Helicoils require a tapped hole to start with, so you’re not saving any time there. Sure you can replace the threads when they wear, but we’re talking about an FRC robot that needs to last a few months, not an industrial machine or welding fixture that will undergo thousands of torque-down cycles.
I’m not terribly familiar with PEM products, but at first glance it looks like installation requires access to the back side of the sheet, which is not always possible. Riv-Nuts might be an acceptable alternative solution if their protrusion is not a problem. They still run the risk of failure without proper installation. It’s awfully hard to improperly install a nylock nut by comparison.
What I’m driving at is this: the best is the enemy of good enough, especially in FRC where labor costs are 0 and where its much easier and cheaper to purchase and store a tap and die set instead of a press. Especially when one brings this equipment to competition.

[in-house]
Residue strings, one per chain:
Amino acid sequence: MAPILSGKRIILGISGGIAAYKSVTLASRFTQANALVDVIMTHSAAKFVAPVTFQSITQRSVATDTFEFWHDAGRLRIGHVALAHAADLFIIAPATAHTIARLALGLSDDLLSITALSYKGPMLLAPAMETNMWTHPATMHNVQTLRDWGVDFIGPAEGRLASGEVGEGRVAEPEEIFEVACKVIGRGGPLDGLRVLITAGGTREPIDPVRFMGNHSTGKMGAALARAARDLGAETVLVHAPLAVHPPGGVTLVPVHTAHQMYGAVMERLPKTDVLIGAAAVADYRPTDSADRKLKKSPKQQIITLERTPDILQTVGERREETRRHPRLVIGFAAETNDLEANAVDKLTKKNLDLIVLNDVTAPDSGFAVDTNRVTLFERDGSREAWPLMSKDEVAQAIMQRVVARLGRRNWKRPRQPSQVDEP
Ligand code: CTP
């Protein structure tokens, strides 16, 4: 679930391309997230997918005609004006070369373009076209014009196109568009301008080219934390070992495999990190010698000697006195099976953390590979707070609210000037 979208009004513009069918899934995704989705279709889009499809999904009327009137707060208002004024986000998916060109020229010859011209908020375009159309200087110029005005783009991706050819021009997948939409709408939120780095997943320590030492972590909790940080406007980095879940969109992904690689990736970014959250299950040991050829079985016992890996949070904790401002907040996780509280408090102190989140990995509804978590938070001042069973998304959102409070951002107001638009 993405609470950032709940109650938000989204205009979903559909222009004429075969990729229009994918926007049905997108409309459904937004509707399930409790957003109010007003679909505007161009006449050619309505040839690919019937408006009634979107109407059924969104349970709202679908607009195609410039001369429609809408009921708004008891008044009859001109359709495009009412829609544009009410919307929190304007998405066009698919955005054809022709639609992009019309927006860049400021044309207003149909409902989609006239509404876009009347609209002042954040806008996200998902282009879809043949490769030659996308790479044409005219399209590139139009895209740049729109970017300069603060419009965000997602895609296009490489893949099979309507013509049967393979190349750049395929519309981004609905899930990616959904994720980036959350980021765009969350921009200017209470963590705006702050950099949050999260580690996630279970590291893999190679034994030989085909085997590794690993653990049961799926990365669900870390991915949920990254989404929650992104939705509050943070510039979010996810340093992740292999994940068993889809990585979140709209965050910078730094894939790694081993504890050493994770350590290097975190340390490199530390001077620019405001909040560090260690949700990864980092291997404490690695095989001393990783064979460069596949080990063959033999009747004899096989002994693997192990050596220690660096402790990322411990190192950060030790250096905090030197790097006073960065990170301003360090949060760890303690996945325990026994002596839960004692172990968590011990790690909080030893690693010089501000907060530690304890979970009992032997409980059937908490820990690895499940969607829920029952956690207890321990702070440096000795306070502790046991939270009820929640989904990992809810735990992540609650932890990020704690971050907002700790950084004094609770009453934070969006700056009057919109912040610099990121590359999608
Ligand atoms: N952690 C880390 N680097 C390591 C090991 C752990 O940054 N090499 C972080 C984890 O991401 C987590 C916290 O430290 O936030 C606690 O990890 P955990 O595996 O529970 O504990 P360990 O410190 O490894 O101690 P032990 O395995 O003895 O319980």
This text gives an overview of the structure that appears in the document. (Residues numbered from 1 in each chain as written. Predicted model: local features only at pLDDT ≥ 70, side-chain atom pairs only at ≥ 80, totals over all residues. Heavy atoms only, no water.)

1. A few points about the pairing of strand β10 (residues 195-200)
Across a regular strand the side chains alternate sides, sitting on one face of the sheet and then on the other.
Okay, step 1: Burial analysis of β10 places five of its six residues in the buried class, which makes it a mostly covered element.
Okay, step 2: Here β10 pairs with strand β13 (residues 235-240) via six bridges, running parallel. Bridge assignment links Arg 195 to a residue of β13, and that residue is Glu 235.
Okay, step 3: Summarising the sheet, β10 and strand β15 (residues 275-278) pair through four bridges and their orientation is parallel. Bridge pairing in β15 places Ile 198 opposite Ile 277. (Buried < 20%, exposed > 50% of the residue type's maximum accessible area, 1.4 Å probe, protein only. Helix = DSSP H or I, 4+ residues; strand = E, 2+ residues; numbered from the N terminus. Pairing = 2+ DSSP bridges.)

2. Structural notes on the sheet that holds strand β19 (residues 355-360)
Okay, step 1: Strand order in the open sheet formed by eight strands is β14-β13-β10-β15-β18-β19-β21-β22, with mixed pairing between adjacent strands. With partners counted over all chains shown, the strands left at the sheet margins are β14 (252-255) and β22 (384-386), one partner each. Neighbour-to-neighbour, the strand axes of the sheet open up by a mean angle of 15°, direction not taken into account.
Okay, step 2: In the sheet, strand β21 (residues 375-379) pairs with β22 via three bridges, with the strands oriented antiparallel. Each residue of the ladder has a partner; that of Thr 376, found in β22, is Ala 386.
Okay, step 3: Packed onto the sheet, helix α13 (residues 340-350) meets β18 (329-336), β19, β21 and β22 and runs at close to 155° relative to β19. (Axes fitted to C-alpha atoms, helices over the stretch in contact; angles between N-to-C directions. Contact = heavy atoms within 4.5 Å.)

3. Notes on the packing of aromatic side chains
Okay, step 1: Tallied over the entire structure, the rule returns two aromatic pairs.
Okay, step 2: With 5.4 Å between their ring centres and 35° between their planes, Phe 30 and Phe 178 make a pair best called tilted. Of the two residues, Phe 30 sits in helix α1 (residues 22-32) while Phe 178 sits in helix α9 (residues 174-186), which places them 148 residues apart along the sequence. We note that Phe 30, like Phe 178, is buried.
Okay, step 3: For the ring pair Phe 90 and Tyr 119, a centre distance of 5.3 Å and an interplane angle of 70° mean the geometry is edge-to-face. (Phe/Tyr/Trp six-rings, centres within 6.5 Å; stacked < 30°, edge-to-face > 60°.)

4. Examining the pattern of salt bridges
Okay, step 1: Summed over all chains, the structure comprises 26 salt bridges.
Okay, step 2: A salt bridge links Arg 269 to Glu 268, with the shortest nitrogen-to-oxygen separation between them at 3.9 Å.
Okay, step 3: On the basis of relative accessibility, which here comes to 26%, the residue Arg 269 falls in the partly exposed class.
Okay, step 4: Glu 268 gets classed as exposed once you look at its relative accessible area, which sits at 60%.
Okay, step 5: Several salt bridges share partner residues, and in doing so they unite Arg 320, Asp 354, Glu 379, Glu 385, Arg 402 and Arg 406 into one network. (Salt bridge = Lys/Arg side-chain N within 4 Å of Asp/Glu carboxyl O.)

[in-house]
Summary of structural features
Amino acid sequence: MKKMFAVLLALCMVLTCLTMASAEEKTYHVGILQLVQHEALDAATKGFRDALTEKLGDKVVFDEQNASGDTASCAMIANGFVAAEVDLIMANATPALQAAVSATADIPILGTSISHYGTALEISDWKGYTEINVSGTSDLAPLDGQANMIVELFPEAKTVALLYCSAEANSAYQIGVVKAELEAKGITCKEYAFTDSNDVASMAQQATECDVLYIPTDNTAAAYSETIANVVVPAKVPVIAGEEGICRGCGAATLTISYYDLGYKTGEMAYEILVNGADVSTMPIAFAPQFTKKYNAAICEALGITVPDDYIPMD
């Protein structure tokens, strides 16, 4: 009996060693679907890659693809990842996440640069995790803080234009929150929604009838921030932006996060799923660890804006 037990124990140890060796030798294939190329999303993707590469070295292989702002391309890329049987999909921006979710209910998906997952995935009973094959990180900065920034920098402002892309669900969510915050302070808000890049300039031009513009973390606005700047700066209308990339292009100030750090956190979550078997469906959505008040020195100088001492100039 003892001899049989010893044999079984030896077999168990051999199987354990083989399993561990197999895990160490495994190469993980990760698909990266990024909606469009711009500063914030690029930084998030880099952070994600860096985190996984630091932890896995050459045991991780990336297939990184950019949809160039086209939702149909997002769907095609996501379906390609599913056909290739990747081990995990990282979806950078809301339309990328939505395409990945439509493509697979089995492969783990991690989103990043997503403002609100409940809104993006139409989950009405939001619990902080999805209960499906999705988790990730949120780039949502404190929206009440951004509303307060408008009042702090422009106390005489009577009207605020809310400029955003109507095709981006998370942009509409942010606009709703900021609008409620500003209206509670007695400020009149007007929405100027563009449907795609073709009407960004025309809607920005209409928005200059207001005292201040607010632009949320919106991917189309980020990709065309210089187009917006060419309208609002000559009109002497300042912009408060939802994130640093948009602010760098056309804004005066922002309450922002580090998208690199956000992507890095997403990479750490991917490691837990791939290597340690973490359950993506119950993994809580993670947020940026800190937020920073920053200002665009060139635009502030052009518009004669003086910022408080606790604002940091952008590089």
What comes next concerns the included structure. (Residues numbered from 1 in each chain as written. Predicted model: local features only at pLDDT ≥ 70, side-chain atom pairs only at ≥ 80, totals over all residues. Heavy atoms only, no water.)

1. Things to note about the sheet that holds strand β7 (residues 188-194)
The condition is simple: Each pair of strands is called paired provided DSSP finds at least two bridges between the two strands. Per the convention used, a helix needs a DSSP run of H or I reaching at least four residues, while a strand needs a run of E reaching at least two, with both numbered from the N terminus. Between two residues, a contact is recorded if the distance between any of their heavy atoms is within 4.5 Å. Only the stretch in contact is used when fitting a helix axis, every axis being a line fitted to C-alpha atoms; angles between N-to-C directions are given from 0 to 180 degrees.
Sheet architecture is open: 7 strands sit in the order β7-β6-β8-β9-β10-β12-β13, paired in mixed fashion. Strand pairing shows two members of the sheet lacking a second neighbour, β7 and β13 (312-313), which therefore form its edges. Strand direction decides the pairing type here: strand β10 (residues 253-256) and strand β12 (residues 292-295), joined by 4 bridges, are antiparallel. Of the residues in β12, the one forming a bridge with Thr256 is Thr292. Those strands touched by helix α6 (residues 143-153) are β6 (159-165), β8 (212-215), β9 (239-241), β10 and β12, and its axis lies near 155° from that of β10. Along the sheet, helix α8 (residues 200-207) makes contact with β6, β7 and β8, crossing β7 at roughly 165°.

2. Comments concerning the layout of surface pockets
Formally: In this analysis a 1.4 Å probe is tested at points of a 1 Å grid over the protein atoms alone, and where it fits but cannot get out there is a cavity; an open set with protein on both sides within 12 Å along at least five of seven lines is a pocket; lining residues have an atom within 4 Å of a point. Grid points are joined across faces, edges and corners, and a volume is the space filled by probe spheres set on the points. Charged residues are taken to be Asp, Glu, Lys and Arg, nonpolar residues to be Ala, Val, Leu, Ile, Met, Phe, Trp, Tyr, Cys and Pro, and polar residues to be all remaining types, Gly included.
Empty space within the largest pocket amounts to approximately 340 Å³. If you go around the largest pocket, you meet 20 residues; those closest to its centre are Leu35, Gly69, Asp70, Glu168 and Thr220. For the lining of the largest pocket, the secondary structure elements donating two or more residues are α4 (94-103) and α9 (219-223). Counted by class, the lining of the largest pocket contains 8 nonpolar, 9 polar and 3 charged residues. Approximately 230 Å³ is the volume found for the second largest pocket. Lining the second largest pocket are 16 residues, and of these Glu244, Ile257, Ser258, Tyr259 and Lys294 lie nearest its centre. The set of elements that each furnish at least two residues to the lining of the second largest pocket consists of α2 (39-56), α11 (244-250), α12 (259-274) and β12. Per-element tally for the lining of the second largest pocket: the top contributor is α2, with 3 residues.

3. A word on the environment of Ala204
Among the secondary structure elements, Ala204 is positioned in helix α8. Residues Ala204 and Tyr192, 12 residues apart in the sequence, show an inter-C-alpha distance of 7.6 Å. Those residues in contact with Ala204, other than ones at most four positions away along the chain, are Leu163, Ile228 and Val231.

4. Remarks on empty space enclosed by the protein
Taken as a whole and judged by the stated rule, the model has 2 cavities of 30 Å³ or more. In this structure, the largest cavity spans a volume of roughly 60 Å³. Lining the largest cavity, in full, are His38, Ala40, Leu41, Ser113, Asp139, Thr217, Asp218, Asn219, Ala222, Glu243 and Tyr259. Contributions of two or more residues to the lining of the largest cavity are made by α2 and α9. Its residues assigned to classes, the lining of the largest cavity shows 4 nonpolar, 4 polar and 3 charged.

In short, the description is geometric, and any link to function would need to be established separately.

I can see what I said can be misleading. I need to better define what I mean instead of making a general statement aimed at the rookie user who doesn’t know much about using threaded inserts vs tapping.
There are lots of ways to join two pieces together but the end result wanted is a cost effective method. I understand in the context of building robots running a tap and screw to join two pieces will work to get it done but we try to teach sound engineering principles to the the kids. Sorry if people misunderstand what I’m trying to say. In a polite manner just ask a question to clarify what I mean.
If the material is thin guage aluminum sheet it would be better to use a threaded insert to make a better thread. Rivnuts or Pem fasteners in thin wall aluminum tube is almost always a better choice. If tapping was wanted another way to get the needed threads per inch to create a strong thread would be to extrude the hole. Yet another way to join would be to use a self tapping screw and skip the tap.